Dissidents in Cuba
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June 2007
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More imported sugar on Cuba's plate

Posted on Wed, Jun. 06, 2007

More imported sugar on Cuba's plate
Preliminary results of Cuba's 2007 sugar harvest signal the island will
continue importing its signature crop.

The sugar consumed in Cuba has an increasingly foreign flavor.

A steep slump in the nation's once-principal industry has forced the
Cuban government to import sugar from Brazil and Colombia for the past
six years. Preliminary results of the 2007 harvest do not indicate a
change in that trend.

Although this year's harvest ended May 23 without any official comment
on its production total, estimates from analysts and industry sources
indicate it totaled 1.1 million metric tons.

If accurate, the 2007 harvest would be the worst in 100 years,
comparable only to those in 1903 and 1904, when production rose just
above one million MTs.

Authorities at the Sugar Ministry had set a goal for 2007 of 1.5-1.6
million MTs, but now acknowledge that barely 17 of the 51 active mills
met their production plans, affected by the bad weather in eastern Cuba.

''The harvest was a disaster, even though it had more resources and 30
percent more cane was available than in the previous period,'' said
dissident economist Oscar Espinosa Chepe, who every year analyzes the
harvest for foreign publications. “We'll have to continue to import
sugar for a long time.''


In 2001, many Cubans were startled when the government shops that
distribute the food items on ration cards began to sell unrefined sugar
made in Brazil. The card allows each Cuban a monthly quota of five
pounds of sugar. In more recent years, the shops have been selling
increasing amounts of Brazilian and Colombian sugar.

Brazil's Ministry of Development, Industry and Foreign Trade has
reported that exports of sugar and sucrose to Cuba in 2006 amounted to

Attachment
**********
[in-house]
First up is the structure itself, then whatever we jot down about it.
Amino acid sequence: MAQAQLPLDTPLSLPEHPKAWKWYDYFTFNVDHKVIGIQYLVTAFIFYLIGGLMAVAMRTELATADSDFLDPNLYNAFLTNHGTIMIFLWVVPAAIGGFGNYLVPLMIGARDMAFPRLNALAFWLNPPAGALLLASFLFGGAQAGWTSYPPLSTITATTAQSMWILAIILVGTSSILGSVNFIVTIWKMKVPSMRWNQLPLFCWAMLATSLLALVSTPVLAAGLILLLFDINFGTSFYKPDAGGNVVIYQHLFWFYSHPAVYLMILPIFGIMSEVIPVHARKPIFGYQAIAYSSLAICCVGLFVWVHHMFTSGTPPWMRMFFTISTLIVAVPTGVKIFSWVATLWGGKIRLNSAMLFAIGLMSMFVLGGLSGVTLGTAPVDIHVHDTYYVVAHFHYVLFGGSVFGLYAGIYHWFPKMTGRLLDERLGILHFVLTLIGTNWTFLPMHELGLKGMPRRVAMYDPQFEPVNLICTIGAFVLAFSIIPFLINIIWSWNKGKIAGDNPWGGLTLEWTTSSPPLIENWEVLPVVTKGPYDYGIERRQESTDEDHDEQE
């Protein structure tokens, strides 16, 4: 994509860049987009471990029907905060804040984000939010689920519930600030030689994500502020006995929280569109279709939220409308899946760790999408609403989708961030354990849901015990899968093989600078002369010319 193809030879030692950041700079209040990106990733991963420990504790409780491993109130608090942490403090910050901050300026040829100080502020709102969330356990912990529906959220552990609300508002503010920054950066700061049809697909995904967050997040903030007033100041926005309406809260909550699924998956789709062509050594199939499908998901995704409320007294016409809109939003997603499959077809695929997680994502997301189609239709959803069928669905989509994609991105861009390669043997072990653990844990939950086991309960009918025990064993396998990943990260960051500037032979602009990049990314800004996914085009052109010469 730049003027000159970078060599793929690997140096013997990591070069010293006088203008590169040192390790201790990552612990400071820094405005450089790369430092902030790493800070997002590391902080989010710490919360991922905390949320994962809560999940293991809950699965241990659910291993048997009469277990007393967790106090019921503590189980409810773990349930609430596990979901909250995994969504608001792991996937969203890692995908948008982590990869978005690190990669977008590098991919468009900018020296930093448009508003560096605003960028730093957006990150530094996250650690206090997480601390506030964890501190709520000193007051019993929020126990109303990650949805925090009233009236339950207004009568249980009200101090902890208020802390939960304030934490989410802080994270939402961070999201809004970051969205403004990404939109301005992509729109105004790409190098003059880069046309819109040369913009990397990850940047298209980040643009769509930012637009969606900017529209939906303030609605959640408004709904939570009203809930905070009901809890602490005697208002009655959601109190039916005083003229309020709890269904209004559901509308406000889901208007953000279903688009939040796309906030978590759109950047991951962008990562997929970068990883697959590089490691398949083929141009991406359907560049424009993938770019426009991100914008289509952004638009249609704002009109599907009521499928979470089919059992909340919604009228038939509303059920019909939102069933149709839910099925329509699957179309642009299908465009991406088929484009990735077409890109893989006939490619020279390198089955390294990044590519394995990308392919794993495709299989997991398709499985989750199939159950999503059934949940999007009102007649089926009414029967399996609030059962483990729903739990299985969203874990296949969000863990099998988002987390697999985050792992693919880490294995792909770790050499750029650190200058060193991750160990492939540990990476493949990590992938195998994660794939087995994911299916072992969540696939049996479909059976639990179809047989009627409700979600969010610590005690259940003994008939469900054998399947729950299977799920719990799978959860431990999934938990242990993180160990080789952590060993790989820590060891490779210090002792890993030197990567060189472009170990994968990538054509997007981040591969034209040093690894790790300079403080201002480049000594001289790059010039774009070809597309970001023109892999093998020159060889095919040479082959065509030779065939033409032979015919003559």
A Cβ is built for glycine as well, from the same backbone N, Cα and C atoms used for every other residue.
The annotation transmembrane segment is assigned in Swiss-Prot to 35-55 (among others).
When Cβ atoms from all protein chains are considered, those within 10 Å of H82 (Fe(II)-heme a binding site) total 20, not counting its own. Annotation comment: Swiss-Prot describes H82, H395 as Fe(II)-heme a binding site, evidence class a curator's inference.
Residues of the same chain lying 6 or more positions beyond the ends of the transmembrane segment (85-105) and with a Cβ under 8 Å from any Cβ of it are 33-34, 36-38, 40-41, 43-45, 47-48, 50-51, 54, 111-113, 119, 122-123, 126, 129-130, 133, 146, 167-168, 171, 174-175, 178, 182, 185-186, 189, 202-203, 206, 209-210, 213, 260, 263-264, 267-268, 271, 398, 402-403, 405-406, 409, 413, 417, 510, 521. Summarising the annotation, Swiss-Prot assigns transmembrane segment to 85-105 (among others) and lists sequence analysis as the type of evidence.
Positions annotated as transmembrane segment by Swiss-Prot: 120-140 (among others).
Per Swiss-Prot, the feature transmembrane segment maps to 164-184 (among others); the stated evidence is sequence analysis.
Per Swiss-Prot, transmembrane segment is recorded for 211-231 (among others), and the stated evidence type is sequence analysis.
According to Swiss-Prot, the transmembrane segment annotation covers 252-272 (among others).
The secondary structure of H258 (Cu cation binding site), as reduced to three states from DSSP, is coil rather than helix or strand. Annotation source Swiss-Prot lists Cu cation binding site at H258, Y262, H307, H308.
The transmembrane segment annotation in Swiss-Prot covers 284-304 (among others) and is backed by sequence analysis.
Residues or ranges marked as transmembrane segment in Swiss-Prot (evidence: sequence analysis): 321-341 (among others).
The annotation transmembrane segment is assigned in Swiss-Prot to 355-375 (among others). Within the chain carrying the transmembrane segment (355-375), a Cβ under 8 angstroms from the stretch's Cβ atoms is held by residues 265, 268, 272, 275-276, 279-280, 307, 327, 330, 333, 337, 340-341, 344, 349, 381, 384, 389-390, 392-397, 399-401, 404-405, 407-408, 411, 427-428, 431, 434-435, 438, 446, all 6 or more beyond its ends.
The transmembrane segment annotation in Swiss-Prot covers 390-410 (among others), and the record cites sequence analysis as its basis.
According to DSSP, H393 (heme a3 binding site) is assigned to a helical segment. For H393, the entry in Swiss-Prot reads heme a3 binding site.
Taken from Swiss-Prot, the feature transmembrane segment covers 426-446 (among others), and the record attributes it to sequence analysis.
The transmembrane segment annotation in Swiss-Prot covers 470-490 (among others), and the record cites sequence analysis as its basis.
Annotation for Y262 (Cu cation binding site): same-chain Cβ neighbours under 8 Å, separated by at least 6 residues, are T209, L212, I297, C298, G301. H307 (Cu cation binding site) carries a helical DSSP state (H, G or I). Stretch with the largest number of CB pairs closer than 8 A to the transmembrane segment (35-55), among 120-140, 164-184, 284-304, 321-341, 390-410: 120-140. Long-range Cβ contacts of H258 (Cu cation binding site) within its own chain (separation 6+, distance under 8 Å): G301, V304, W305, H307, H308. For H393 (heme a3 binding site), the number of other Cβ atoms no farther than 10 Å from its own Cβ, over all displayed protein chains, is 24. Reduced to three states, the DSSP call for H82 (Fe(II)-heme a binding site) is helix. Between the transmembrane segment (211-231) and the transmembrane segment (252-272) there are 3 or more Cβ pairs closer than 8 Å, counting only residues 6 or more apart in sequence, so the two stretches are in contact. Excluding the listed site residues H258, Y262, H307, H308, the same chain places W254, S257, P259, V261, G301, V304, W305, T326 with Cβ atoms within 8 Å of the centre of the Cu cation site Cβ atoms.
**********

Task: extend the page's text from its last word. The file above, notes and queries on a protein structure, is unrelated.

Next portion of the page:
309,659 MTs, with an approximate value of $50.5 million.

The Colombian Association of Sugar Cane Harvesters, known as ASOCANA,
reported that between 2002 and 2006 that country sent 425,609 MTs of
refined sugar to Cuba.

Cuba needs about 700,000 MTs per year to satisfy its domestic demand,
and a smaller amount that will allow it to fulfill its export
commitments. In 2005, the Cuban government signed contracts with Belarus
for the purchase of about 50,000 MTs of beet sugar.

In late 2003, the state-run company Alimport announced it planned to buy
U.S. sugar for domestic consumption, but the deal never materialized.


During the industrial restructuring decreed by Fidel Castro in 2002,
Cuba shut down 70 of its 155 sugar mills, stopped cultivating sugar cane
in 3.4 million acres of land and reduced the industry's labor force by
25 percent. Sugar has historically been considered the nation's economic

''The situation is chaotic, and I don't see the sun rising any time
soon,'' said a veteran cane worker in Camagüey province. “This industry
was dismantled four years ago and we cannot now expect miracles.''

According to official data, almost 50 percent of the drop in sugar
production was caused by a surplus of rain that reduced output and
limited work on the fields. Only the provinces of Matanzas and
Cienfuegos met their production goals.


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